Beijing 2015-2017, University of Chicago Beijing Center Gallery

In September 2015 an exhibit based on the digital 3D models of sculptures created by the Tianlongshan Caves Project opened at the University of Chicago Center in Beijing where it was on view through spring of 2017. The exhibit is designed to be an introduction to the possibilities of digital displays for a future more comprehensive museum exhibition.

The scanned 3D sculptures, now located outside of China, are the raw materials for creating the current installations shown on flat screen monitors. The 3D model animated displays are rendered in realtime, and are not videos. Realtime rendering allows the future addition of user interaction and control of the 3D model displays.

The various displays can be discussed in four categories:

1]   Introduction to the 3D models at approximately actual size in order to view them in detail and at high resolution.
To enhance the sense of seeing actual objects in the round, the sculptures rotate and are shown from all sides with lighting from various directions. The carved forms, surface texture, and traces of paint and white base coating can be clearly seen. These scanned sculptures offer accurate documentation for research, analysis, and display, and serve as raw materials for digital reconstruction of sculptures that are now in a fragmented state.

2]   Digital reconstruction of sculptures in the caves.
Many of the caves are heavily damaged because of years of neglect and pillaging of the site beginning in the 1920s. We have combined 3D models together with recent photographs and historical photographs of the cave shrines to reconnect the sculptures with their original locations. Many sculptural figures and reliefs can be digitally matched to the traces remaining in the caves. We expect future 3D scanning at the Tianlongshan caves to further enable reconstruction and restoration of their former appearance and their art historical, cultural, and religious significance.

3]   Distribution of sculptures around the globe.
The sculptures from Tianlongshan are located in many museums and collections around the globe and have become part of the cultural property of numerous countries in Europe, North America, and Asia. Although it is a regrettable fact that the caves have been severely damaged, the preservation of these fragmented sculptures to the present day in many museums demonstrates the high valuation of these cultural artifacts in an international context. These sculptures continue to circulate in the international art market through which some have returned to China. The artistic quality and the religious principles that they embody make them important vehicles of historical education and trans-cultural understanding.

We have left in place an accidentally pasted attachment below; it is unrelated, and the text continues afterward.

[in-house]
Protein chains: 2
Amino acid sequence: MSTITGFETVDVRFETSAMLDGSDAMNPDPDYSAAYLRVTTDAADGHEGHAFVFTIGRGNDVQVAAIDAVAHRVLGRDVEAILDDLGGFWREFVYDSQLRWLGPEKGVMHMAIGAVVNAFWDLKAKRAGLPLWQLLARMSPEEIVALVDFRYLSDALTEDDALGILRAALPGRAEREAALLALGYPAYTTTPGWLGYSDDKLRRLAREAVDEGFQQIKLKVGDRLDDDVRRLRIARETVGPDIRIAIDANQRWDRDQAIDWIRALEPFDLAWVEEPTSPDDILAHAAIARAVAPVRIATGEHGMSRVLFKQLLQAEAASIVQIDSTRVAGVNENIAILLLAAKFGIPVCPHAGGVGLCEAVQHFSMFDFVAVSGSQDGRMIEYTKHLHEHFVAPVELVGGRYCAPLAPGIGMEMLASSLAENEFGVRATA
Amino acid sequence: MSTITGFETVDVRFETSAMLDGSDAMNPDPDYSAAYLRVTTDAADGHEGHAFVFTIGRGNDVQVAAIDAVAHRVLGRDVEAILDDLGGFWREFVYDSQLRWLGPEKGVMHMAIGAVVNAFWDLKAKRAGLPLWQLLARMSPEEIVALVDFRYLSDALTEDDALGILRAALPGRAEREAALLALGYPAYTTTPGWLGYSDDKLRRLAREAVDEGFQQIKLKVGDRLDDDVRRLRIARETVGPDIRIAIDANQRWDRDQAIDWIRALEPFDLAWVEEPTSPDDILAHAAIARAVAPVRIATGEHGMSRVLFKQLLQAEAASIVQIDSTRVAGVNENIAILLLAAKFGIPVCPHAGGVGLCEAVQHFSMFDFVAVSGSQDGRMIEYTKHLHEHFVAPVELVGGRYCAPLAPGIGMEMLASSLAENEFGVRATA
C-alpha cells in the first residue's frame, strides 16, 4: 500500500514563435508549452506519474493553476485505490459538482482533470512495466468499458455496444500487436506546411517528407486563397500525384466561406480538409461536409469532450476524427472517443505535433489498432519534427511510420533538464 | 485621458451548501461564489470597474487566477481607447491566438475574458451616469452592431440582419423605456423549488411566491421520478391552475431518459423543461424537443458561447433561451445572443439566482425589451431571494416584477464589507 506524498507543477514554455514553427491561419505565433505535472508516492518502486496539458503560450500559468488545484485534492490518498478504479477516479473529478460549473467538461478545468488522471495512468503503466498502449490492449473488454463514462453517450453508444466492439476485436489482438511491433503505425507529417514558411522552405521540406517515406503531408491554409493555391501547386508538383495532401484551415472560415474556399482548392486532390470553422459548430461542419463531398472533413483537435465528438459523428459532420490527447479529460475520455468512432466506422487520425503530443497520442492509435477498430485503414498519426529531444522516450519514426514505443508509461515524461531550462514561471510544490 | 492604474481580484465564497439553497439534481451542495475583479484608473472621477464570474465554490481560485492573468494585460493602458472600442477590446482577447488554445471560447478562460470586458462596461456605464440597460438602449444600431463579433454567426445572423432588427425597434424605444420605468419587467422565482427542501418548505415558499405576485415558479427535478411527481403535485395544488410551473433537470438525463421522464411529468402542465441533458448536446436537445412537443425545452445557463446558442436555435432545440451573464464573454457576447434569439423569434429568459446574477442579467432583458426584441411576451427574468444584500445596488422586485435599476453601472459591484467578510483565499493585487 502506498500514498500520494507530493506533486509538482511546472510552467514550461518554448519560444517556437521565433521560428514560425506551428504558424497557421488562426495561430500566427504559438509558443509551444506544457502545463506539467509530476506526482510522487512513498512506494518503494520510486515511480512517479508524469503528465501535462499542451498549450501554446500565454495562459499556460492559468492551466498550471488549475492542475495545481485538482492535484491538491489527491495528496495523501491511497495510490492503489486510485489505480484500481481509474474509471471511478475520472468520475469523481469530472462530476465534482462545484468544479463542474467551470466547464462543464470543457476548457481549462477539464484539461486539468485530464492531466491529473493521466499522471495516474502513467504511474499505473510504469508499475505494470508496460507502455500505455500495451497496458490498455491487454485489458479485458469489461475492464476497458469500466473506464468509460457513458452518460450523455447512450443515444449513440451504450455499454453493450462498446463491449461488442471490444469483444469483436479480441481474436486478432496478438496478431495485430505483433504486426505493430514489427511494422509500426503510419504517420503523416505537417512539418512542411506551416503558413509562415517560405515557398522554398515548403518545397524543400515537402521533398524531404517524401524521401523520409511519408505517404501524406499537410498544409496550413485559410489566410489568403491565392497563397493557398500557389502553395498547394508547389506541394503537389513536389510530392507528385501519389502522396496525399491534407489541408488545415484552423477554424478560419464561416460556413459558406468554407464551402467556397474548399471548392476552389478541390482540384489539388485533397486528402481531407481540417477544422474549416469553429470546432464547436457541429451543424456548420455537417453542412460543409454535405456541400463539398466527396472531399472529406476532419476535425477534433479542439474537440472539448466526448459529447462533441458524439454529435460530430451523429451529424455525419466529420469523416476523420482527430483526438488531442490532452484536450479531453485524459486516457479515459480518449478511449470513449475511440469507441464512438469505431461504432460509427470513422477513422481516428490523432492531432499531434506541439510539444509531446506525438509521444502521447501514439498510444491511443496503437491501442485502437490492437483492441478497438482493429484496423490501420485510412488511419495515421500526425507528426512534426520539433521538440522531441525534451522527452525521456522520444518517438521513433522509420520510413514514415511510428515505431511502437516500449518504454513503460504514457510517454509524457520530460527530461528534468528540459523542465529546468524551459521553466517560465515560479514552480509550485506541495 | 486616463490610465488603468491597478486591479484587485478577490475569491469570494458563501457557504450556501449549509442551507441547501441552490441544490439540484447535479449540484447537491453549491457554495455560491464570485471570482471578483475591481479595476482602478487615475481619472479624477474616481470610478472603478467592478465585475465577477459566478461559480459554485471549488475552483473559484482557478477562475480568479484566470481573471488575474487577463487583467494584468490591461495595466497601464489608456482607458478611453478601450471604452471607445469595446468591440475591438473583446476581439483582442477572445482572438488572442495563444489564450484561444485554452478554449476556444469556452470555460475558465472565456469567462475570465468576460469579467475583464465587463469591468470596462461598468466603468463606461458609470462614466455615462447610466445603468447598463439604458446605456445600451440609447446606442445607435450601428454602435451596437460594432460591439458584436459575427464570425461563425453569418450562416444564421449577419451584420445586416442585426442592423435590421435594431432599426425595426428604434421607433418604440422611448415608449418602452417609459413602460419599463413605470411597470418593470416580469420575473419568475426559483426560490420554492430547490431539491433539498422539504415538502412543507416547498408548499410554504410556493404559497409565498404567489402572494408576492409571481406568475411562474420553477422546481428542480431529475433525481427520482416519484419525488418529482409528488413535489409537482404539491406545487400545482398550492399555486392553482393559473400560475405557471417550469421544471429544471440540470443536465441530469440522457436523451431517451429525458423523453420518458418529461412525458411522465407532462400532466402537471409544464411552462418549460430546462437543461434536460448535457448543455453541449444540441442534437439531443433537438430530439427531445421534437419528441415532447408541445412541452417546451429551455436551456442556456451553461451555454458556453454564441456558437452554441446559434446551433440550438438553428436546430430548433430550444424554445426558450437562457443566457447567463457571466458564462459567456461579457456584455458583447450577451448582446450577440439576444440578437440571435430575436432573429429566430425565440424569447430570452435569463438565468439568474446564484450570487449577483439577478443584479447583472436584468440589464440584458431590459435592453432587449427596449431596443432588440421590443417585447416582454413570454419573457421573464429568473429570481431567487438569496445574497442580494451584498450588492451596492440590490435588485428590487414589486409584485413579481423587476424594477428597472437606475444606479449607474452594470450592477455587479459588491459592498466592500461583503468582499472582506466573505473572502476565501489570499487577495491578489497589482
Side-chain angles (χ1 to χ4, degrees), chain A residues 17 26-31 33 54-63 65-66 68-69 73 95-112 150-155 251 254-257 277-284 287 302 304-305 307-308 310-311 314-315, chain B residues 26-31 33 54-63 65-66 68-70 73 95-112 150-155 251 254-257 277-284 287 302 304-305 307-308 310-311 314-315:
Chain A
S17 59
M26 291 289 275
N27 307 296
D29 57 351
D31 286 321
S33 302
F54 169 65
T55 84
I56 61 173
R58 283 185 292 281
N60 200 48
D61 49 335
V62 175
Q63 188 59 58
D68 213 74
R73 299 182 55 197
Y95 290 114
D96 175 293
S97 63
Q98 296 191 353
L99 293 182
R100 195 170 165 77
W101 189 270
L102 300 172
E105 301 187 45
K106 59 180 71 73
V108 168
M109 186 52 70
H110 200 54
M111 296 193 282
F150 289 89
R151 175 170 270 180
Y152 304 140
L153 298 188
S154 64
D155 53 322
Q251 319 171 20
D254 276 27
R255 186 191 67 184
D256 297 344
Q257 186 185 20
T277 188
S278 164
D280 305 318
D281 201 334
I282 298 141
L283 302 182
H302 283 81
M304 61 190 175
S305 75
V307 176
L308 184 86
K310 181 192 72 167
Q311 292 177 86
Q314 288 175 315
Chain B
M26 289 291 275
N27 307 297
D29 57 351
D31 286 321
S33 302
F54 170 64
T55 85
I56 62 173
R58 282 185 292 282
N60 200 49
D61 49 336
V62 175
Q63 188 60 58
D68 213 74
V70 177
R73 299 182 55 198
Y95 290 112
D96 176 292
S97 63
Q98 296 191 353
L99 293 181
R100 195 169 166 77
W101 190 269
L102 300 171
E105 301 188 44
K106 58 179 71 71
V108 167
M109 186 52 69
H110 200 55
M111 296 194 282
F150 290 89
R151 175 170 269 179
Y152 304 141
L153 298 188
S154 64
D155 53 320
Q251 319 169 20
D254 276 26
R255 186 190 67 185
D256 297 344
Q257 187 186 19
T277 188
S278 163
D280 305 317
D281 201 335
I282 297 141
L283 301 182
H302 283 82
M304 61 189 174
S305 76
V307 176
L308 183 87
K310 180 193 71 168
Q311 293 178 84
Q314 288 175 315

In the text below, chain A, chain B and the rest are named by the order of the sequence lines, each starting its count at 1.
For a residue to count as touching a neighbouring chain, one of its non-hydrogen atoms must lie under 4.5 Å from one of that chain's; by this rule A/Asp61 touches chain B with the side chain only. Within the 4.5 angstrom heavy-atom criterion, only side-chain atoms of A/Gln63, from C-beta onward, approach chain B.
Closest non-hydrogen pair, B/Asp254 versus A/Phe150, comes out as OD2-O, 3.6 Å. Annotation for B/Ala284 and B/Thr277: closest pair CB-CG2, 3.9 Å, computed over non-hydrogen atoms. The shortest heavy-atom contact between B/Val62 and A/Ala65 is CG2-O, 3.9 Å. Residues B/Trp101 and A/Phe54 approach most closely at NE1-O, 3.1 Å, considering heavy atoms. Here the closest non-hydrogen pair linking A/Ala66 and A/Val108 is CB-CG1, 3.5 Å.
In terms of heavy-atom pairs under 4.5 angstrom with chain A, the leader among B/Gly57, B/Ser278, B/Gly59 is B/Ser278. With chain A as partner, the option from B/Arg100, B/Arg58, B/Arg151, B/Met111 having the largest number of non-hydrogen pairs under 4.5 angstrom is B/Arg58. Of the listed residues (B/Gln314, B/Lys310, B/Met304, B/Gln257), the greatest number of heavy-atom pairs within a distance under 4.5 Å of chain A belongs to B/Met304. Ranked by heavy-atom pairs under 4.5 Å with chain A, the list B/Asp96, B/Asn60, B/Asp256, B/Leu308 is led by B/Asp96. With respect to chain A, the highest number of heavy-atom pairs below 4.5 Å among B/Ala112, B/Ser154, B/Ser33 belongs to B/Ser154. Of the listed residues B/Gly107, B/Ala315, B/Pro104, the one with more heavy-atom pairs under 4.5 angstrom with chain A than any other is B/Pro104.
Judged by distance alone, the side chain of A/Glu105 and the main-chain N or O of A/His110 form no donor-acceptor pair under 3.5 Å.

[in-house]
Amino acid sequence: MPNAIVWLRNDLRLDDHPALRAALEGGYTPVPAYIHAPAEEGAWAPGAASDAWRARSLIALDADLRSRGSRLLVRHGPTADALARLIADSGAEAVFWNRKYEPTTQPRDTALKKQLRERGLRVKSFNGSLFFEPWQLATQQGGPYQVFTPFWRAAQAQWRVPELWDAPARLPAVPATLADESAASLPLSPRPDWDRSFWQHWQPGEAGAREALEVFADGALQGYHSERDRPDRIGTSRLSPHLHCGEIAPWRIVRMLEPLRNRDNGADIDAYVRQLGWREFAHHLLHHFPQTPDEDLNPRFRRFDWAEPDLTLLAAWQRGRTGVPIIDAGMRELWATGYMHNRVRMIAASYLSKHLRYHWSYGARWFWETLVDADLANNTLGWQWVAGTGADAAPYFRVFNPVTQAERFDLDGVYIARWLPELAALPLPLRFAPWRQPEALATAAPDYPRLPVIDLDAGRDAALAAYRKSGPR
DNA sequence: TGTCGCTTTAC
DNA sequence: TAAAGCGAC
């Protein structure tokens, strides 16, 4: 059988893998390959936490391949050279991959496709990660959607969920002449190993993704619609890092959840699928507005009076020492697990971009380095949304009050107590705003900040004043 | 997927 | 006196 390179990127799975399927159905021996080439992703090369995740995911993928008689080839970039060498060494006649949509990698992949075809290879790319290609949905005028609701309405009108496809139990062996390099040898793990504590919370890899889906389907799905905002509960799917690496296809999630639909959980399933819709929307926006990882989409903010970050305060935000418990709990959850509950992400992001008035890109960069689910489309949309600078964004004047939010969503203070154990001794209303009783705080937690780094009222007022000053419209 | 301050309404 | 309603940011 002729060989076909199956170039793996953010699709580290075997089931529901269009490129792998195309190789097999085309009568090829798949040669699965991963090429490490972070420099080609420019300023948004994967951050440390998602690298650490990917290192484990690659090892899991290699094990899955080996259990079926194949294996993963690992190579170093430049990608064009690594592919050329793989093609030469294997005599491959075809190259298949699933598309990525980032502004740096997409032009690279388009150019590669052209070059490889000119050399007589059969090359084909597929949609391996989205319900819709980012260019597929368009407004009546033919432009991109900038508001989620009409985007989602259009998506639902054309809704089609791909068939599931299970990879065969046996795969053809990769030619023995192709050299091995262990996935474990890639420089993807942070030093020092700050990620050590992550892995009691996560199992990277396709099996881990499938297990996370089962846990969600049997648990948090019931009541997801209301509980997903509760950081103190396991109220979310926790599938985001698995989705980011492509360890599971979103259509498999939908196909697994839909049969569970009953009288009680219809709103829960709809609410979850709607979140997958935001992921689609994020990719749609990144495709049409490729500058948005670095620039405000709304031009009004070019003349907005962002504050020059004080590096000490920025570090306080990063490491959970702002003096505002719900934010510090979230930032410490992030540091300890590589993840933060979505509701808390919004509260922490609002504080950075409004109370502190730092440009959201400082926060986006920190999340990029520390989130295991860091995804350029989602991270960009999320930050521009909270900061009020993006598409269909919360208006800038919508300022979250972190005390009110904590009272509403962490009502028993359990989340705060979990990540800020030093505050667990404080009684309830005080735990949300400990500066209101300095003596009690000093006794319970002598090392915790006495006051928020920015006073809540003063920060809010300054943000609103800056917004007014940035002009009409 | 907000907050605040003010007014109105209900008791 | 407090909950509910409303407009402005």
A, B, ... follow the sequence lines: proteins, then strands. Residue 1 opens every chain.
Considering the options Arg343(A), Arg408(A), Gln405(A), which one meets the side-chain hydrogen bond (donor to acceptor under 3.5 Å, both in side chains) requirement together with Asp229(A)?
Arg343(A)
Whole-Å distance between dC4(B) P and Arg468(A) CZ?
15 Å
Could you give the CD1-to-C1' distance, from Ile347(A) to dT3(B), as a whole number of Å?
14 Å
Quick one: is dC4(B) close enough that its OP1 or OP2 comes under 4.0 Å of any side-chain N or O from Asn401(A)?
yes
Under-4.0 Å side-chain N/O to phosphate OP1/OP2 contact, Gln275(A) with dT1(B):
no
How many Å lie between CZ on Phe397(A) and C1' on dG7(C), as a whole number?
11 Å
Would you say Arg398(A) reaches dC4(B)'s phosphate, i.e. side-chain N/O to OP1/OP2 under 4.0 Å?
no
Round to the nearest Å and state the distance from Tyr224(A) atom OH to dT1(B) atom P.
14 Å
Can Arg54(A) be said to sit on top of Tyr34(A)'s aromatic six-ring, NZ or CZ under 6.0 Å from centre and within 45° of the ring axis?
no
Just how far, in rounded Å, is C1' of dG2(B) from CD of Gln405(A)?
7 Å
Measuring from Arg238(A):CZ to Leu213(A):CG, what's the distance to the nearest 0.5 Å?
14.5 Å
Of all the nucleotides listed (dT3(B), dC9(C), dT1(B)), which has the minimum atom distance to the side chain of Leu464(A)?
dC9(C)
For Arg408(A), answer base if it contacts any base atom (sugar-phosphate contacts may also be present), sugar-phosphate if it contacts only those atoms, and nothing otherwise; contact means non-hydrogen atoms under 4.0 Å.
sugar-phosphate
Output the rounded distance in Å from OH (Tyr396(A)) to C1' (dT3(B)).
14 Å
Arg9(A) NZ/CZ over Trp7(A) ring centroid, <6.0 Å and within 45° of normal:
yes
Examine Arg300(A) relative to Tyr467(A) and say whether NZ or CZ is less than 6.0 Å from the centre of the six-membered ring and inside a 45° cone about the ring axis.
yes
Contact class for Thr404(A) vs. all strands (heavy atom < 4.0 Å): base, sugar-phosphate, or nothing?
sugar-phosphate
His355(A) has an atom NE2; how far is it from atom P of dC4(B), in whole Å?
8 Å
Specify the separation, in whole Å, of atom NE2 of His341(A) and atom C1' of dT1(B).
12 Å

4]   Technological features of 3D models.
The digital models created by the 3D scanning process record and archive characteristics of size, form, volume, color, and texture. The scanners use structured light to capture the surface contours of the sculptures as point clouds. The computer software can display the 3D digital information in various ways—as points in space, as a network of triangles connecting the points, and as a multifaceted form made up of many triangular surfaces. At the same time, the scanners take photographs which software maps onto the surface of the 3D models.

Digital reconstruction of sculptures in the caves

Historical cave photo, and matching contemporary photo with destruction

3D model of removed sculpture fragment, and contemporary cave photo

Animated model of removed sculpture fragment, and contemporary cave photo

3D model of sculpture fragment superimposed in correct location on cave photo

Technological features of 3D models

5000 points on the surface of the 3D model

5000 3D points tessellated into a mesh of 10000 triangles

10000 triangles on the model surface shaded with artificial light

2 million triangles on the model surface shaded with artificial light

Realistic color applied to the 2 million shaded triangles

Lifesize sculpture high-resolution display and animation

Lifesize Buddha head sculpture high-resolution animated display, Museo Nazionale d’Arte Orientale - Rome

Sculpture head during rotation animation

Lifesize standing guardian sculpture body high-resolution display and animation, Nelson-Atkins Museum of Art - Kansas City

Sculpture body during rotation animation

Distribution of sculptures around the globe

Night time globe spins to a museum location, and displays a cave sculpture located at the museum

Large seated Buddha sculpture, Harvard Art Museums

Standing bodhisattva sculpture, Rietberg Museum - Zurich